1. This is a defendant's appeal (sic) out of a suit brought by four plaintiffs for a declaration that the plaintiffs have a right of easement for using the lane indicated by letters Q. A. B. C. D., in the plaint map and that certain constructions made by the defendant indicated by the letters A., B., C. and D., may be demolished. The Courts below have decreed the plaintiff's claim by ordering demolition of certain constructions north of it in the Commissioner's map. Out of respect for the very able arguments which have been advanced before me by Mr. Pandey and Mr. Pathak on behalf of their respective clients, I propose to notice specifically almost all the points raised by them and to deliver a fairly detailed judgment.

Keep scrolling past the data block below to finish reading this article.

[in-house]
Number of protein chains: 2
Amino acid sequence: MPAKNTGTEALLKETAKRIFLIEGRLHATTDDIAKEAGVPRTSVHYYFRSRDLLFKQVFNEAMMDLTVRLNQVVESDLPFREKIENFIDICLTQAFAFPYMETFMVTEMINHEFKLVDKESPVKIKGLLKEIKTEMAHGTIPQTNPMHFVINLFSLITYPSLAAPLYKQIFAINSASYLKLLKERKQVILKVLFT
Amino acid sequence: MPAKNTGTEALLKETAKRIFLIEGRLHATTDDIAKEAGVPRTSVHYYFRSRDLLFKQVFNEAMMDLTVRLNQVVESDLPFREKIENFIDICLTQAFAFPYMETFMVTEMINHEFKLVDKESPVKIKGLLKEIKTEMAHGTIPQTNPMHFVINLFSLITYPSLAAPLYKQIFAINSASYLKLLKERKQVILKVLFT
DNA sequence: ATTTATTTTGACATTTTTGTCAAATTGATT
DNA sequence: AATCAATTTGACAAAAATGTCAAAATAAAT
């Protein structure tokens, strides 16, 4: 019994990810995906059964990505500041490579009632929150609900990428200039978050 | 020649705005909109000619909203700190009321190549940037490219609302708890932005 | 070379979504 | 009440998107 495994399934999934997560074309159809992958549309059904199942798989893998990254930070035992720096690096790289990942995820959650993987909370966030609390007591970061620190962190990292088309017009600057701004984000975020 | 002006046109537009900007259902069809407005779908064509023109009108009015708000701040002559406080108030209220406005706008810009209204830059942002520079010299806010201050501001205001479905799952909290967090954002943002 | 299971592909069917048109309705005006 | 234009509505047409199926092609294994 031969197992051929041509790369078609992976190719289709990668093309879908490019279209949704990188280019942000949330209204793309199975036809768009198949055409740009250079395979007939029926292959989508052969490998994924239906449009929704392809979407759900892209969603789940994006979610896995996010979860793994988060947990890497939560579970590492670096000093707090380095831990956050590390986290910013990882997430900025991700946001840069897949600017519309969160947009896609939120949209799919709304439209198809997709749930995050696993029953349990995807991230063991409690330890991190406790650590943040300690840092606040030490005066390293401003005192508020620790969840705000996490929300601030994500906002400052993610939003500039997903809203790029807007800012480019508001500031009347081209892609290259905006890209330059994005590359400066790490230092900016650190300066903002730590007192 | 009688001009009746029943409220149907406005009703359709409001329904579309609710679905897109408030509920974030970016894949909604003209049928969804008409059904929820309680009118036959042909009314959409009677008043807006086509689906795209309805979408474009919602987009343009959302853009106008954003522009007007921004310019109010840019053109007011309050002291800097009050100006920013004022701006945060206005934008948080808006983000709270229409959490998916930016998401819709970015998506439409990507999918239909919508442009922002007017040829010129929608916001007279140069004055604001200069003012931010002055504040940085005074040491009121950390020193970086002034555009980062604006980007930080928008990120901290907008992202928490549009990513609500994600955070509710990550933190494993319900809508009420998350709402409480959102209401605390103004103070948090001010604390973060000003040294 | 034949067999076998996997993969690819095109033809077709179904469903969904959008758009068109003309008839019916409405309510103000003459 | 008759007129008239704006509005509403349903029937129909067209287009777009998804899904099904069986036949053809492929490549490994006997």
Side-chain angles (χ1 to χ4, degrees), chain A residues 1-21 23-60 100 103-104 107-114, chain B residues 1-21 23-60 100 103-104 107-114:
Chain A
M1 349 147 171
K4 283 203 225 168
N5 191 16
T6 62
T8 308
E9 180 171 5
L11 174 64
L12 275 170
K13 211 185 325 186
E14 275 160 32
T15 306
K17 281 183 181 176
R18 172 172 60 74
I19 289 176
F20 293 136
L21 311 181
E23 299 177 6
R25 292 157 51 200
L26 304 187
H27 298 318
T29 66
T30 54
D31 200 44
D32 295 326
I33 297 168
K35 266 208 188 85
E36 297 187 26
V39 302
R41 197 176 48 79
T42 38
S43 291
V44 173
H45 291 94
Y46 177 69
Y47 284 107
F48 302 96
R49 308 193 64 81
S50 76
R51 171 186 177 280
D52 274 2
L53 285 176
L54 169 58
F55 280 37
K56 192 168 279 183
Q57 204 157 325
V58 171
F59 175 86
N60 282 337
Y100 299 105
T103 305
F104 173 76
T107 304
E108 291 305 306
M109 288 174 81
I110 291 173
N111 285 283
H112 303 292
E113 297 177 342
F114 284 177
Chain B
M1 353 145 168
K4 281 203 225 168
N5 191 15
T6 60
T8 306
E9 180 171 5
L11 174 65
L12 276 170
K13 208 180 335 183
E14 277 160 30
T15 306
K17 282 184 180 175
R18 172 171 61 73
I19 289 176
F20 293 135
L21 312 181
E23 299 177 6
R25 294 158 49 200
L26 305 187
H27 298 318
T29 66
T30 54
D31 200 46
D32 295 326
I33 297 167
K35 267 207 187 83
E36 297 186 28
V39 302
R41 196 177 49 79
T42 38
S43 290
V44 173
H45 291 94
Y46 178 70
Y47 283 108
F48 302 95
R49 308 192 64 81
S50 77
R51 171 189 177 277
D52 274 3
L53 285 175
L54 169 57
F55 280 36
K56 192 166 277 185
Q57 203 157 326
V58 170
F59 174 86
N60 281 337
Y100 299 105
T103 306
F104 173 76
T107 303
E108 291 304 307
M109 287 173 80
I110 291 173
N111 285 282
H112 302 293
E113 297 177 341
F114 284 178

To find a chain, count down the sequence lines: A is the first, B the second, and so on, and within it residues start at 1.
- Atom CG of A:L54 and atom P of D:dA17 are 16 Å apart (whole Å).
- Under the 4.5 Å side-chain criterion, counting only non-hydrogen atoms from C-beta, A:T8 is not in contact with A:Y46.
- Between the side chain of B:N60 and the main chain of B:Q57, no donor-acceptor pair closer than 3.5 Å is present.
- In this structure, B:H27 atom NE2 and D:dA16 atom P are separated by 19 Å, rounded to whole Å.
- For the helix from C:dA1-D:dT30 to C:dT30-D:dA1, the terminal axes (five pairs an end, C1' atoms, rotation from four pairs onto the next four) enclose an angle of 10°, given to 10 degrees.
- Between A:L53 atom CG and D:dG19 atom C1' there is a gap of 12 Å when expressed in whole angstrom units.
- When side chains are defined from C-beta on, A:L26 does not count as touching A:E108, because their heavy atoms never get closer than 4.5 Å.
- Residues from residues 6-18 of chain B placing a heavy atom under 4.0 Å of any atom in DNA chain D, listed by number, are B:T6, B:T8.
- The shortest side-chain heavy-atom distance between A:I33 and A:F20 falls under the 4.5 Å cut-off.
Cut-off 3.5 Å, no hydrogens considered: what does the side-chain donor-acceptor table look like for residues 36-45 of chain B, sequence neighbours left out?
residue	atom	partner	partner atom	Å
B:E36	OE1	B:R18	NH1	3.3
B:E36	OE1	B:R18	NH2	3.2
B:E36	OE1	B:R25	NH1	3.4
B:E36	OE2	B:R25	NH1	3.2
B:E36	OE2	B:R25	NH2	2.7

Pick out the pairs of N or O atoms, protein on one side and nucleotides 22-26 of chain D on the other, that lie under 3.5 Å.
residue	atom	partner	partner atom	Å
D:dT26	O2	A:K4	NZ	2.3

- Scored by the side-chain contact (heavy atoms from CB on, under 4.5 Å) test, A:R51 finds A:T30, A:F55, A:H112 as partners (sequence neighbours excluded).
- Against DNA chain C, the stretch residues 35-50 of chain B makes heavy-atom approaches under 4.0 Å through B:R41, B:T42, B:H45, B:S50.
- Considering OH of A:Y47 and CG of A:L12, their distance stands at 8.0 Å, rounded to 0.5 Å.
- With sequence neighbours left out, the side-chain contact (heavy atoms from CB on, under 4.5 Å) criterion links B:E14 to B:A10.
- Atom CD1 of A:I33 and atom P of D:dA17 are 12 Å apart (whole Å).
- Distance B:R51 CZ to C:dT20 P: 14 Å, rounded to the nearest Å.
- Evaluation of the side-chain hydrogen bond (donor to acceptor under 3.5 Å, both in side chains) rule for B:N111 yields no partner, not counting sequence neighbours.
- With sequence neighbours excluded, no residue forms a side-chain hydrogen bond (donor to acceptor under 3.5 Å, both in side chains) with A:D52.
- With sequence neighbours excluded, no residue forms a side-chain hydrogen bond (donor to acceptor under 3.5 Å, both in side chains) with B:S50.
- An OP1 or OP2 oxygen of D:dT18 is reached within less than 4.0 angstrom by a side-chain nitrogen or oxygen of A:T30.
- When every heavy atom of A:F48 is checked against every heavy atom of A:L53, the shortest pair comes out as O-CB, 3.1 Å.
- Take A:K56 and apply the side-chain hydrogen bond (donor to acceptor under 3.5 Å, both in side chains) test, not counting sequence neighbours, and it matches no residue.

2. The case as set forward in the plaint was that the plaintiffs and their ancestors had been going from their houses to the southern and western portions of their village as well as to their fields and groves by passing through the lane indicated in the sketch map and that loaded bullocks, horses and elephants had also been coming to and going from the houses of the plaintiffs through this very passage. They further go on to state that the plaintiffs and their predecessors had been using as of right the aforesaid passage for several years and had been using it without any interruption as a passage for vehicles, bullocks, etc., and therefore the plaintiffs have a right of easement in respect of the aforesaid passage for every kind of use and with the exception of this there is no other passage for the use of these plaintiffs in this direction. The words used in the vernacular are 'galli,' 'rasta' and 'rah' and there is also the expression 'ashaish' used in the plaint. It is argued by Mr. Pandey that the case set forward in the plaint is a case of the acquisition of a right of easement under Section 15 of the Act. It is however argued by Mr. Pathak on behalf of the plaintiffs that they did not plead Section 15 either in terms or by implication. They pleaded a right of way based on custom and immemorial user and also on implied grant. The Courts below have not regarded this right as a right of easement under Section 15 but have uniformly spoken of it either as a village path-way or as a right of easement based on immemorial user. The lower appellate Court has also relied on cases which are applicable to the case of a grant or agreement. Nowhere in the judgments of the Courts below is there any mention of the conditions which are laid down under Section 15, Easements Act, and I am of the opinion that Section 15 was not pleaded and is not applicable to the facts of the present case.